Inadequate crypto assessment and patchy regulations are indicating that regulators need to step up to the digital currency space. The global financial watchdog Financial Stability Board (FSB) said that regulators should quickly foresee the risks in the emerging industry.
Global financial stability at risk
The FSB noted in a report for G20 finance ministers and governors of central banks on Friday that they should step up their risk assessment practices. If they fail to measure the impact of this emerging industry, global financial stability could be threatened. It said that the assessment of digital money exposure for banks and other financial firms is a potential tool that the regulators could use.
The financial watchdog also said that the digital currency ecosystem doesn’t pose a risk to the larger financial industry at the moment. It is important to note that several global bodies are already working on investor protection in the crypto sector. The Basel Committee and the Organization of Economic Co-Operation and Development are two of the biggest such agencies looking at money laundering and financial stability issues. However, even FSB says that the rules vary widely across jurisdictions.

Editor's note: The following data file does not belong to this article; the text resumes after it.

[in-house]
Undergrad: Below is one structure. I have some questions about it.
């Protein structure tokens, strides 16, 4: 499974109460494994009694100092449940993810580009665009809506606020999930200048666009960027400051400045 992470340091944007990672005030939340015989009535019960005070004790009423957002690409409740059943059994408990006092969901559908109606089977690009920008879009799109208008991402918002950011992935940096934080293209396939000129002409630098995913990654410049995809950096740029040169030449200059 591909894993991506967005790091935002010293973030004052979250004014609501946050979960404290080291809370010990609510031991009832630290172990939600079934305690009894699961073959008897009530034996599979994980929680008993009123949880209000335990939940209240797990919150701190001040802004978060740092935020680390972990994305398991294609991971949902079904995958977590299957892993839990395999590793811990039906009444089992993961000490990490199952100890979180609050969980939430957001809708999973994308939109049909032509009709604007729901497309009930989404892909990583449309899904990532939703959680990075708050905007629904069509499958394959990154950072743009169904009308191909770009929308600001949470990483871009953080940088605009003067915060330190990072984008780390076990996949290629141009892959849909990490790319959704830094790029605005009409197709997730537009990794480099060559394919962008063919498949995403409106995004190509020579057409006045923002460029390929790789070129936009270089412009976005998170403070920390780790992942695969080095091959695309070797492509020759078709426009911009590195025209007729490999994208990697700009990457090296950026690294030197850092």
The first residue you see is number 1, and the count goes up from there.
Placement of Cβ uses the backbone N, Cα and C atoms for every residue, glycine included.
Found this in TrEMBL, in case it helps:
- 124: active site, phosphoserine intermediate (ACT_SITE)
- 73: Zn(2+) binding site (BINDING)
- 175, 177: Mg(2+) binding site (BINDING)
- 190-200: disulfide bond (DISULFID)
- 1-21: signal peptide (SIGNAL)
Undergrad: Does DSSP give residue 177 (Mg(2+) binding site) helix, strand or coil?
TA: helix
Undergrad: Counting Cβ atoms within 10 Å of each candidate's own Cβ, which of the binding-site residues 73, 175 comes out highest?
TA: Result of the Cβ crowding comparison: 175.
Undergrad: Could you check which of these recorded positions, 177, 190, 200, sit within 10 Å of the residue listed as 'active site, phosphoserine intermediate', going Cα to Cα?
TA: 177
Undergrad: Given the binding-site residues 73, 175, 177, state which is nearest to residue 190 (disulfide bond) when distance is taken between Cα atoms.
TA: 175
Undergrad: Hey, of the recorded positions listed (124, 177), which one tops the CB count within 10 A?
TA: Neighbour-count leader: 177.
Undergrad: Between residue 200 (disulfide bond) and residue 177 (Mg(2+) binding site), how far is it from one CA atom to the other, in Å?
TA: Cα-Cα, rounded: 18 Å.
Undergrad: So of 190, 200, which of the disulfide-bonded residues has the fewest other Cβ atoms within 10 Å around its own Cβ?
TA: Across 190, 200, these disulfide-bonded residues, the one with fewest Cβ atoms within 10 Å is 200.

Is there a need for standardized rules?
While cryptocurrencies have only existed for a decade, they have created a headache for regulators across the globe. Bitcoin, the oldest cryptocurrency in the world, gained the regulators’ attention in 2017 after its meteoric rise to fame. The price of the coin kept increasing throughout the year and went through an asset-bubble-like stage in the last quarter. One coin reached $20,000 during the crypto frenzy, only to nosedive by over 80% in the subsequent months to come. The highly volatile market has created further trouble for governments and central banks, and crypto-awareness keeps increasing.
Cryptocurrency regulations differ from country to country, and even state-to-state. For instance, China adopted a hawkish stance on crypto and drove out both miners and crypto exchanges. While Japan had a more favorable view of the sector. The US and Britain are still undecided about their response.
The FSB says that the lack of global standards could be a reason why Bitcoin and Ethereum don’t fall within the scope of payment regulators. It said that with faster technological changes, “risks associated with crypto-asset markets and the level of significance of potential regulatory gaps will keep evolving.”
After spending one year in the bear market, Bitcoin has started surging again. The coin rose by 125% this year and traded for around $8,300 on Friday.